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A Woman of Standards

In: English and Literature

Submitted By rayeine
Words 1664
Pages 7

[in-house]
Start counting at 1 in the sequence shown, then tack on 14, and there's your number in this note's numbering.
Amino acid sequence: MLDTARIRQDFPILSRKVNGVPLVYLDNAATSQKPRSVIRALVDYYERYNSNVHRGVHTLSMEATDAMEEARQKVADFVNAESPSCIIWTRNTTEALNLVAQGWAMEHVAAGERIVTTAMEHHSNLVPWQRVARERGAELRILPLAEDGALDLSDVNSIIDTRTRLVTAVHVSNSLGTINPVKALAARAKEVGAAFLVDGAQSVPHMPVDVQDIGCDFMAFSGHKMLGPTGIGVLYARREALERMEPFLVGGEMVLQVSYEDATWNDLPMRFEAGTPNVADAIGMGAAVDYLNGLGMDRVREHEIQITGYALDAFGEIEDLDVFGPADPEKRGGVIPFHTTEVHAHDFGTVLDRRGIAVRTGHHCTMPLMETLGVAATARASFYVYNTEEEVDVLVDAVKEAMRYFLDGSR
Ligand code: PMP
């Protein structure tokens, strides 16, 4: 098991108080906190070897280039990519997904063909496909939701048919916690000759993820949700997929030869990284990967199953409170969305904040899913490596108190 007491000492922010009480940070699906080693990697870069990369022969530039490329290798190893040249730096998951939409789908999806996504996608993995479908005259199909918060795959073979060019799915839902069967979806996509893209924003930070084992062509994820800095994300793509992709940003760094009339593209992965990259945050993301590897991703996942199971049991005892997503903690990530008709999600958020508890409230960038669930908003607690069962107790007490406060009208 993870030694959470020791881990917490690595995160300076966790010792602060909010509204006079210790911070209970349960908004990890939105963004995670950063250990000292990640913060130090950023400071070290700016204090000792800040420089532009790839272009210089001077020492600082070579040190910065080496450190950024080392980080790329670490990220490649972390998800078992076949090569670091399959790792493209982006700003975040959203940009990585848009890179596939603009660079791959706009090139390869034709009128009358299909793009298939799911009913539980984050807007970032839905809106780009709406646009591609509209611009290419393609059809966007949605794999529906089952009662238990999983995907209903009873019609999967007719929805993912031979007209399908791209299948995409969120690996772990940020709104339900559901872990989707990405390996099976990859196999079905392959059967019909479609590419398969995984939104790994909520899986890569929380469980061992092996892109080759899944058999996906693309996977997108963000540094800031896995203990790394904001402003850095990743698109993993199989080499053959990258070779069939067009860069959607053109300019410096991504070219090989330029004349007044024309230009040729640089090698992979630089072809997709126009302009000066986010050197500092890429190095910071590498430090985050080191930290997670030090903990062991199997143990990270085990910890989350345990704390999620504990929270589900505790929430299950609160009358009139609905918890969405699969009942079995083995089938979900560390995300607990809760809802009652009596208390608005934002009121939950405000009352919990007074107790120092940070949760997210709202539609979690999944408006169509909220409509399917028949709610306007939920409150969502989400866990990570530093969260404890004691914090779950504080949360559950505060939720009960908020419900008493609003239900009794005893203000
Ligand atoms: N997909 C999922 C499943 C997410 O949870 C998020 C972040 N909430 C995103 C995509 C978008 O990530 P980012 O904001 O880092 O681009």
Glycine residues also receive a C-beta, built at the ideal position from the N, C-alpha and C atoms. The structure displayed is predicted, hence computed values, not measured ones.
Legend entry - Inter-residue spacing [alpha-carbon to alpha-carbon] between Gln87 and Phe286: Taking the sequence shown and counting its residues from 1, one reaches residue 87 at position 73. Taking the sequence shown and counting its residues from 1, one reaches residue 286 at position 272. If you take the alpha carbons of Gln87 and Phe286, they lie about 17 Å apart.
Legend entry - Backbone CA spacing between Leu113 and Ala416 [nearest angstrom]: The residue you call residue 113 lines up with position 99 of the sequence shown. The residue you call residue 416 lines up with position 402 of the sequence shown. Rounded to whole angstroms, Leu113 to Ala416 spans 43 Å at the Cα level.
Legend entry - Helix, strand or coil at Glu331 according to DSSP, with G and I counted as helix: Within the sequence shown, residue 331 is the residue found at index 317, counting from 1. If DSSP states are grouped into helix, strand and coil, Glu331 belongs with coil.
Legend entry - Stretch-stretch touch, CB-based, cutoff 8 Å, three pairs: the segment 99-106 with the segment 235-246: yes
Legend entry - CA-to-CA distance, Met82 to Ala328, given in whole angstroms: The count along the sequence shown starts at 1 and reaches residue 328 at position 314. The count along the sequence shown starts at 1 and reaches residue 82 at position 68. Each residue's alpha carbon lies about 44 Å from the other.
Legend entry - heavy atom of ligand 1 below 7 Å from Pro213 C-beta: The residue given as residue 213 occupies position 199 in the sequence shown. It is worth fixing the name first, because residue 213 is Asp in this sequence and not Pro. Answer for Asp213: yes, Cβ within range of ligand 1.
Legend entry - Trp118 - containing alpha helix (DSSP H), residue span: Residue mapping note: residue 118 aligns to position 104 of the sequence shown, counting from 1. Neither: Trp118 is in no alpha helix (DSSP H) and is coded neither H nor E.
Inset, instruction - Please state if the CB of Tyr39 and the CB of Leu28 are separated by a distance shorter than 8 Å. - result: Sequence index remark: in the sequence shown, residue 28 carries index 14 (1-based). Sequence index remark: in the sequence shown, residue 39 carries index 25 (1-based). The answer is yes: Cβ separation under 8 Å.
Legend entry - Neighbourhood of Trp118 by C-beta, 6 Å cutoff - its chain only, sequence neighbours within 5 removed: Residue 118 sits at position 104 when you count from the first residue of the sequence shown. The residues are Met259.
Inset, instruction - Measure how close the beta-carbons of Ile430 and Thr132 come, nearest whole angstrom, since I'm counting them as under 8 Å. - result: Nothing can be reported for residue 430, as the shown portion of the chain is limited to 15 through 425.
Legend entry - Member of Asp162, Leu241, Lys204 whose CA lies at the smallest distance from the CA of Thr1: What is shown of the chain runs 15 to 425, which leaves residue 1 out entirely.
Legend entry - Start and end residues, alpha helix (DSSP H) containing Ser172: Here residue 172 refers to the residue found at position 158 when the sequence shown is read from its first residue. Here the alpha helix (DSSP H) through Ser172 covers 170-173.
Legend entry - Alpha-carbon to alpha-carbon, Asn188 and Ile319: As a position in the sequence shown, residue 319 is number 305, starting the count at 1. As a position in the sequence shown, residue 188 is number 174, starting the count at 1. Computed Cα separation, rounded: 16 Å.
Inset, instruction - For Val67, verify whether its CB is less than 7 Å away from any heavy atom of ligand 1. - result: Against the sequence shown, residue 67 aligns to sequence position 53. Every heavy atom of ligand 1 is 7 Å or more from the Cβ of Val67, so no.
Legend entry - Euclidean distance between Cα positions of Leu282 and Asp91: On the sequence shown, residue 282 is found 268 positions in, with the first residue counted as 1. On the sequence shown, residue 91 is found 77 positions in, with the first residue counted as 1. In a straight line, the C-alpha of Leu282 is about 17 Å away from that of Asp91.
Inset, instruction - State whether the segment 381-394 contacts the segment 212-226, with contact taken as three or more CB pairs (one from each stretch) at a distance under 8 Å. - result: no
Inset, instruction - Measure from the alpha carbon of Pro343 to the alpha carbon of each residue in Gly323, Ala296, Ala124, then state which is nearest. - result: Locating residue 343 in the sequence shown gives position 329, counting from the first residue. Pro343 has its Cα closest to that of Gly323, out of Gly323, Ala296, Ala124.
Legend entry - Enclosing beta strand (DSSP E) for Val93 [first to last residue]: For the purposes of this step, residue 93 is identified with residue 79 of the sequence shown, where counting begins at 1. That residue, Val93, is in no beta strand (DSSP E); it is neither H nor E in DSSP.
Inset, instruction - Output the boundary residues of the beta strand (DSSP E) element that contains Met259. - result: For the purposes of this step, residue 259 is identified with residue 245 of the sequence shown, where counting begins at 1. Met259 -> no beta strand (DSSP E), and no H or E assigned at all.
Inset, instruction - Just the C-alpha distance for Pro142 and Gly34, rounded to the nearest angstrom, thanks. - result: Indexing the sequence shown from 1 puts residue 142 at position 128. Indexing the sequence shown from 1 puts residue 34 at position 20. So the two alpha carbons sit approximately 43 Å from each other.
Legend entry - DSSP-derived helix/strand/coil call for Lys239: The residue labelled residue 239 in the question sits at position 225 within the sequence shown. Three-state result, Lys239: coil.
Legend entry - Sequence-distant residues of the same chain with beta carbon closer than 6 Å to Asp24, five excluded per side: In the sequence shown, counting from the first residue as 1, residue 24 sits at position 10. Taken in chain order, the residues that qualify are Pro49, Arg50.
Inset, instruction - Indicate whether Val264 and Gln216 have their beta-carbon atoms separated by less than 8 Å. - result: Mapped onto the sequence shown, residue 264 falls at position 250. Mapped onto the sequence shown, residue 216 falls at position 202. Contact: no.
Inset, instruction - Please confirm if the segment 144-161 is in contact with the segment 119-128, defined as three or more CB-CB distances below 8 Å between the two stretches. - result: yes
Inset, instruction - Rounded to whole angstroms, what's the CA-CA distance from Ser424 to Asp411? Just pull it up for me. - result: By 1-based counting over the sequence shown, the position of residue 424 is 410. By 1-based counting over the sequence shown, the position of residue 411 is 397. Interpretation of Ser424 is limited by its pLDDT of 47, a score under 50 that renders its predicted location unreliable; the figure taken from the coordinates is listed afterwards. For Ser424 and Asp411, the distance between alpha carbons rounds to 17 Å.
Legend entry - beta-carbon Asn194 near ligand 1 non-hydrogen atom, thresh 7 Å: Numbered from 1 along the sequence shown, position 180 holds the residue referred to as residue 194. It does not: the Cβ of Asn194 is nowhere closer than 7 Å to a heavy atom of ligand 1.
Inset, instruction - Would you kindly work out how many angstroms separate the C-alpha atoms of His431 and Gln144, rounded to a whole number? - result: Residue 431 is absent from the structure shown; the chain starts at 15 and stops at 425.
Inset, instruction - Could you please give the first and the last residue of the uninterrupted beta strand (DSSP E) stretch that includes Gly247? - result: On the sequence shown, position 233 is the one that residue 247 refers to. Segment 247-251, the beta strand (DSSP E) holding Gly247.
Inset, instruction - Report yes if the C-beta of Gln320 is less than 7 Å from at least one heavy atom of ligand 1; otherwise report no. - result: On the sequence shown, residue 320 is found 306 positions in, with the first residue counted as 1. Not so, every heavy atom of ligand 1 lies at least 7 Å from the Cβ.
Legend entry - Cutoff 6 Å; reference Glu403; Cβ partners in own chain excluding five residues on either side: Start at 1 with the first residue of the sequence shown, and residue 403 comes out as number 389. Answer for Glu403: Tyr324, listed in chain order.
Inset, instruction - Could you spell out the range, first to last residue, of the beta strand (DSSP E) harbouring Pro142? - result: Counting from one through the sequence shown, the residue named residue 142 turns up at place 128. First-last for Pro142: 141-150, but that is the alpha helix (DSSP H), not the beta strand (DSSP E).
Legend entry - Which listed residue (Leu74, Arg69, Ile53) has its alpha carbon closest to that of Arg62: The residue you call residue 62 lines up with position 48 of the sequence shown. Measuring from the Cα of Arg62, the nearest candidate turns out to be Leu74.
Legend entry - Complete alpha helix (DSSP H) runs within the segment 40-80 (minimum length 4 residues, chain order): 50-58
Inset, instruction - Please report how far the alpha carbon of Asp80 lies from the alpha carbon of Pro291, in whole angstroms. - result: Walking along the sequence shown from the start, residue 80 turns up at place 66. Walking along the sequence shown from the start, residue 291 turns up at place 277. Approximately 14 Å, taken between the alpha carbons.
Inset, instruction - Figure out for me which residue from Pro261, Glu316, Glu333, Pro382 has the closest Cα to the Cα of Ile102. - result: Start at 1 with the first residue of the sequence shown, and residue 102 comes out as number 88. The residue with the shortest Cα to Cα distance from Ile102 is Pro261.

A Woman of Standards Traditionally considered a subservient sex, the female role has only recently been allowed to surface under the scrutiny of the public eye. In the decades before it, women are undermined and repressed by the men that govern their very essence of being. Men, according to Jean-Jacque Rousseau in his piece Émile, do not require the presence of a woman in his life to retain his position of power, yet by the “laws of nature” women without a man has no control over her own social situation (257). Literature in the both the Enlightenment and Romantic eras help illuminate these ideas by enforcing a significant emphasis on the role and dress of the properly educated female and how that affects, or cannot affect, their standing in society. Elaborating on his previous point, Rousseau points out that, “everything that characterizes sex should be respected as established by nature” (256). The differences in both temperament and character of men and women would likewise indicate how their education ought to be in a natural balance against each other, specializing in different but similar actions (Rousseau 256). To better reinforce his theory, Rousseau challenges mothers to “try to educate them [their daughters] like men. They will be quite willing. But the more they resemble men the less will be their power over men, and the greater their own subjection” (256). The more womanly a female is, the better off she will be. If she retains her proper role, she can only gain from it but anything outside her sphere of influence will ultimately result in failure. To put it simply, a woman should not find herself in a man’s position. These social roles commonly upheld by the upper class resist any influences to change. Due to the nature of her gender while she is allowed to undertake the same tasks as her male counterpart, any attempt in doing so will result in…...

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